Refusing to say "I love you" may be disconcerting for you and it can stem from many causes. Some people had negative experiences with saying "I love you" while others may demonstrate love in ways besides a verbal statement. Understanding the reasons behind others' refusal to say those three words can better help you relate to them. Such knowledge will prove helpful in many relationships of different kinds.
How people responded to their loving sentiments contributes to some people's refusal to say, "I love you." Fear is often a response when someone's emotional expression is rebuffed or refused. From childhood to adulthood, if saying "I love you" resulted in a negative experience, people may refuse to say it to protect themselves and their feelings. "I love you" may be associated with negative consequences, and people would rather be safe without love than vulnerable with it.
Many people do not say “I love you" because they were not taught how to express emotions. Parents and important adults model emotions for children -- when they do not model loving emotions, children may not learn how to express sentiments such as "I love you." As adults, these children may struggle with expressing love in many ways, including saying, "I love you." Men especially may have difficulty saying, "I love you." Males are not socialized to be as expressive or emotional as females, so many men may have trouble saying, "I love you."
Not Their Feelings
Some people may not say, "I love you" because the statement does not reflect their true feelings. Such a reality can be hurtful, but would explain others' refusal to utter the statement. In a relationship, this reason is cause for a re-evaluation, and you may need to talk about where you stand with a potential or real partner. In a friendship, others may not feel the same about your connection as you do -- this can be painful, but it may not mean the end of the friendship.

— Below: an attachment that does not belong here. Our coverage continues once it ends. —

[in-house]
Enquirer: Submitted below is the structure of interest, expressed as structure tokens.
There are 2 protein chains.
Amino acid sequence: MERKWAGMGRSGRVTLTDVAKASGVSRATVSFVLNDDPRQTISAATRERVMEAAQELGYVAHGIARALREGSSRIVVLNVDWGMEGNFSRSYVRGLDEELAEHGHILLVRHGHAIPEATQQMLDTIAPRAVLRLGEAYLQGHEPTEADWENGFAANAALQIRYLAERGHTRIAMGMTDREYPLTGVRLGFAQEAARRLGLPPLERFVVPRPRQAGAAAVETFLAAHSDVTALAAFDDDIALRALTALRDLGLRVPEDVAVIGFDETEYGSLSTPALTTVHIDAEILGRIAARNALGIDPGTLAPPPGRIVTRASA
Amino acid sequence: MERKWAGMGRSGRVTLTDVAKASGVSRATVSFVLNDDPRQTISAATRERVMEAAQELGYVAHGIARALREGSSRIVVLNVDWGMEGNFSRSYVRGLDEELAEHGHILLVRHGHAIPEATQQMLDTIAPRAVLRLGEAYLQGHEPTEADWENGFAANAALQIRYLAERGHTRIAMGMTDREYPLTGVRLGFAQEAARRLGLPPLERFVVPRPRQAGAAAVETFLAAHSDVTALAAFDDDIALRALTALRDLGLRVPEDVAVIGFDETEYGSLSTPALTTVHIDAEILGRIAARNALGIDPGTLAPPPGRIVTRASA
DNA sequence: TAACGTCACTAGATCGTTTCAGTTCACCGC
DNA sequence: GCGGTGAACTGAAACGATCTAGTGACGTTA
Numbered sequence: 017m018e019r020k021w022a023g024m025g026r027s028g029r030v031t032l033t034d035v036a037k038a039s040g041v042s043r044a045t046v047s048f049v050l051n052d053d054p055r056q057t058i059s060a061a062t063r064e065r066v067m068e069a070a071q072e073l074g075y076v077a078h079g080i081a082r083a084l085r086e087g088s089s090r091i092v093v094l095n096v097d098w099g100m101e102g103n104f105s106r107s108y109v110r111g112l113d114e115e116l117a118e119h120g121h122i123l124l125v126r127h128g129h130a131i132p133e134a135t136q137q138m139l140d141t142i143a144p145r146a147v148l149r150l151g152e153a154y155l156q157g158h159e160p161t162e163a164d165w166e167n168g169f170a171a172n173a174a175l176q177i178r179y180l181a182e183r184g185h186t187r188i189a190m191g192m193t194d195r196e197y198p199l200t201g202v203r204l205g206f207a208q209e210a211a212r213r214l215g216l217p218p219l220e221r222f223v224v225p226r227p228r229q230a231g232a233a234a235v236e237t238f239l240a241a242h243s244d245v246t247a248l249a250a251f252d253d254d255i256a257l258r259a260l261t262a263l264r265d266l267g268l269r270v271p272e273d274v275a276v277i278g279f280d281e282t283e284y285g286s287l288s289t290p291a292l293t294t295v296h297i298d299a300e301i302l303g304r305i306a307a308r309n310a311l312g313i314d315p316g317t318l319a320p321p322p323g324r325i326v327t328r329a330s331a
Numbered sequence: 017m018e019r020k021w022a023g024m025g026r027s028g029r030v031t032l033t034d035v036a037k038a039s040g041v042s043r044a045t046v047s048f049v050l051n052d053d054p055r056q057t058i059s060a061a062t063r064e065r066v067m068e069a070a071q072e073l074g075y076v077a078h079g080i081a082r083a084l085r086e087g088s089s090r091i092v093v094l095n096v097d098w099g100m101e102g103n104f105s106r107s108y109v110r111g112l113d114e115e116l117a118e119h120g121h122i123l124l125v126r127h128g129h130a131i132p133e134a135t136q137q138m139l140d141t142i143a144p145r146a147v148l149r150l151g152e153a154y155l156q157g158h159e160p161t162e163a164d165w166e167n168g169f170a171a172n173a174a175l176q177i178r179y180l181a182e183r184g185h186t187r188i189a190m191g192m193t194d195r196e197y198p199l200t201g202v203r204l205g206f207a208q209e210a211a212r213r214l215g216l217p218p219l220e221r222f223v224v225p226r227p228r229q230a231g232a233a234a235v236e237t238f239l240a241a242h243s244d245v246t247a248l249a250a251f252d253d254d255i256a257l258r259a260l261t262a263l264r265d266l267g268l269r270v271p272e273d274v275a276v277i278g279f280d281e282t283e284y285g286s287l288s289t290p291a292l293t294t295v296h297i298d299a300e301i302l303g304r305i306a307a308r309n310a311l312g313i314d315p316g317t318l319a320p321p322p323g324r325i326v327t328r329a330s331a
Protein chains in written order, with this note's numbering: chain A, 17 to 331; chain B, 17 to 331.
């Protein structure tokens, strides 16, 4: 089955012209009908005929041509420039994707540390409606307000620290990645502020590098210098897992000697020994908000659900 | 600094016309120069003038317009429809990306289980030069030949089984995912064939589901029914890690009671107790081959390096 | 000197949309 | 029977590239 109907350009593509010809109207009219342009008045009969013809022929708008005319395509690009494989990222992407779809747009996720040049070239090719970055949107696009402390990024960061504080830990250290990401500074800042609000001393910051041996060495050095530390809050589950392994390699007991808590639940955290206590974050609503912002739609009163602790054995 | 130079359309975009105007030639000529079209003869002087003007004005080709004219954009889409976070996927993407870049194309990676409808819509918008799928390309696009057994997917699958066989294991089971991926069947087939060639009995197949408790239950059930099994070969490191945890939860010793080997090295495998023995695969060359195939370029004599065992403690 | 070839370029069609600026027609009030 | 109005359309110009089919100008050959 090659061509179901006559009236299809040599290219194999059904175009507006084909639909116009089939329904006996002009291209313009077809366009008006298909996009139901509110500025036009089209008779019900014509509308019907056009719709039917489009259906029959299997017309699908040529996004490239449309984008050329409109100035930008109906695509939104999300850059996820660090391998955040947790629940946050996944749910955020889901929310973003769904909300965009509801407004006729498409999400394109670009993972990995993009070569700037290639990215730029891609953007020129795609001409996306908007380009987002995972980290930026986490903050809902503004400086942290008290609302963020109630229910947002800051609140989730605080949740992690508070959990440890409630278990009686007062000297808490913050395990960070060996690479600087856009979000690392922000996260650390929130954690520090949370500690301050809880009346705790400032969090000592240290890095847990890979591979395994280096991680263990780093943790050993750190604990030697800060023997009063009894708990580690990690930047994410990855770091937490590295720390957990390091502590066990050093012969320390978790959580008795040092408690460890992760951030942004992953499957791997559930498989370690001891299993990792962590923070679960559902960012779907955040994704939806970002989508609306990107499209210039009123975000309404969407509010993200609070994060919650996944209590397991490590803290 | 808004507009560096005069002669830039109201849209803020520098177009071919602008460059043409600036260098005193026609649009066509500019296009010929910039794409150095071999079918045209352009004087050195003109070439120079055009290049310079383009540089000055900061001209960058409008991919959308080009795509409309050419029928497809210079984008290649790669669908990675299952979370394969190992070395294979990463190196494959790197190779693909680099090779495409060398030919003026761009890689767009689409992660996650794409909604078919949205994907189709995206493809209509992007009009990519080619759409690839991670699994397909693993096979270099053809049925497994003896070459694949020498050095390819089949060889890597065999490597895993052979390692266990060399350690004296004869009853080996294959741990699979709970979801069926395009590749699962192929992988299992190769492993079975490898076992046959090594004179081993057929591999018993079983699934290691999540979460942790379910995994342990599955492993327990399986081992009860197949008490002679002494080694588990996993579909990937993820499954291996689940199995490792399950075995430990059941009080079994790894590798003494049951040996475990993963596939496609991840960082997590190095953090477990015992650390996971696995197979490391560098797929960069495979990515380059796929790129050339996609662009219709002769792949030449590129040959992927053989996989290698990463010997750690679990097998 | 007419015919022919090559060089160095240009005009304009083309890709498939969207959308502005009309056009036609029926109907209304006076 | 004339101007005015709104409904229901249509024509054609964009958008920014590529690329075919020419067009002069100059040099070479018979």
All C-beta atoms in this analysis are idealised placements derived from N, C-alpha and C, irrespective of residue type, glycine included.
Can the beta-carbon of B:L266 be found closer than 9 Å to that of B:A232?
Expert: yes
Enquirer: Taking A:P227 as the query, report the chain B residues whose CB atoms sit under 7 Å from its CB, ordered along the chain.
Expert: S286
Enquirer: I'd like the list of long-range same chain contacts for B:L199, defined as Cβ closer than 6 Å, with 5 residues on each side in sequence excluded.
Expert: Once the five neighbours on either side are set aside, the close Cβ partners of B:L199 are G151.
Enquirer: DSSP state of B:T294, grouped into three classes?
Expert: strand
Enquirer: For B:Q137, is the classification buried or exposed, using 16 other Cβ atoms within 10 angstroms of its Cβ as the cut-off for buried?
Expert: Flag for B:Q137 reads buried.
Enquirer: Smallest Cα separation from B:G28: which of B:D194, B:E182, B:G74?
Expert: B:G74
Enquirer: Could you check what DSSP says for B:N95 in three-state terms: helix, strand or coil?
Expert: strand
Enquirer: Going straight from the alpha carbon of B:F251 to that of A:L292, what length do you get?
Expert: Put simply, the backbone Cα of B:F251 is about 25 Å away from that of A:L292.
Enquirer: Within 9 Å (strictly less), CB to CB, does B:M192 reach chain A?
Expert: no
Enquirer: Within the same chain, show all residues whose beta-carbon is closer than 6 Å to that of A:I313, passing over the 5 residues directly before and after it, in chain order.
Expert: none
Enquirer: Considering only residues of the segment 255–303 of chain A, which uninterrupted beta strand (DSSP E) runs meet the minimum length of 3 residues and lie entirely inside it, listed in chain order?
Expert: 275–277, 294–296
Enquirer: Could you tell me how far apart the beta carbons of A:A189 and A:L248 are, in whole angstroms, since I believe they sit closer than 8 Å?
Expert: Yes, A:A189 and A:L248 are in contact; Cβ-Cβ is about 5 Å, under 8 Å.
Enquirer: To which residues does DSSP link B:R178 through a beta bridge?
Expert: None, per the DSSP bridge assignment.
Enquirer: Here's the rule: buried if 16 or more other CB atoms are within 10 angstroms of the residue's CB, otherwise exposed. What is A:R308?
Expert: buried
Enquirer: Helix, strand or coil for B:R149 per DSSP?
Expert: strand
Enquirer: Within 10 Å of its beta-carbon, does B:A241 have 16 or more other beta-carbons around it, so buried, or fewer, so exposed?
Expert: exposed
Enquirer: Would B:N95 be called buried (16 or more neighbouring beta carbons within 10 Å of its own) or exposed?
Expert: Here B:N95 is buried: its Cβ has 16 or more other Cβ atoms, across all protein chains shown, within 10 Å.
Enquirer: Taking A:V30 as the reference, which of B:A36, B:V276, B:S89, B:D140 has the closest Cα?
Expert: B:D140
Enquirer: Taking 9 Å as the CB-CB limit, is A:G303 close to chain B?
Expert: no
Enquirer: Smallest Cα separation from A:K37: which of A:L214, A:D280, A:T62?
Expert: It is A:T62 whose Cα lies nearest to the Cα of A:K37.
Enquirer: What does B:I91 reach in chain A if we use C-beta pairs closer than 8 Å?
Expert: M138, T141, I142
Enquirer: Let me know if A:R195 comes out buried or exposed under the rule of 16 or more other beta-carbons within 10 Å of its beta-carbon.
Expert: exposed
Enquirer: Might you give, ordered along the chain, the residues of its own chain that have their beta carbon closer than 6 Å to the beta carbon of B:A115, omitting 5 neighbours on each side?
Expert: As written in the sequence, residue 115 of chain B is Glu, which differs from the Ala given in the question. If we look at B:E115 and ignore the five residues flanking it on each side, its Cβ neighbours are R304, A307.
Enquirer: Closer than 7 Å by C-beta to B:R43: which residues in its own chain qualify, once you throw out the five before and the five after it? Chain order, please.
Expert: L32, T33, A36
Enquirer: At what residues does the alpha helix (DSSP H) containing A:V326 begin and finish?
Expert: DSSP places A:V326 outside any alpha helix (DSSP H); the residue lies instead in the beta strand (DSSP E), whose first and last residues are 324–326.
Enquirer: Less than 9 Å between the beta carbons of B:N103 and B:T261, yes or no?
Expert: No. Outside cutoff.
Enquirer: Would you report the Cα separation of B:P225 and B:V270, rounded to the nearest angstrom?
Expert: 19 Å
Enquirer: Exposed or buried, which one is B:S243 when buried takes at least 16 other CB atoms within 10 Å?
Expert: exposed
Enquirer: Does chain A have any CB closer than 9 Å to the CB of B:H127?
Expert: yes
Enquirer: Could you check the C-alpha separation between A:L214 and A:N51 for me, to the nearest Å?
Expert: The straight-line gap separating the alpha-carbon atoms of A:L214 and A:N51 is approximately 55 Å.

"I love you" is one of many ways to express love, so someone refusing to say "I love you verbally" may have shown it in other ways. The concept of love languages involves your ideal way of receiving love. The languages are words of affirmation, quality time, receiving gifts, acts of service and physical touch. If you value hearing "I love you," your love language may be words of affirmation. Your partner may have shown love in other ways, however, such as through giving you gifts or affectionate touches. Communicate with your partner to understand his love language and to see if his refusal to say, "I love you" is a matter of communication, rather than a lack of love.
S. Grey has a Master of Science in counseling psychology from the University of Central Arkansas. He is also pursuing a PhD and has a love for psychology, comic books and social justice. He has been published in a text on social psychology and regularly presents research at regional psychology conferences.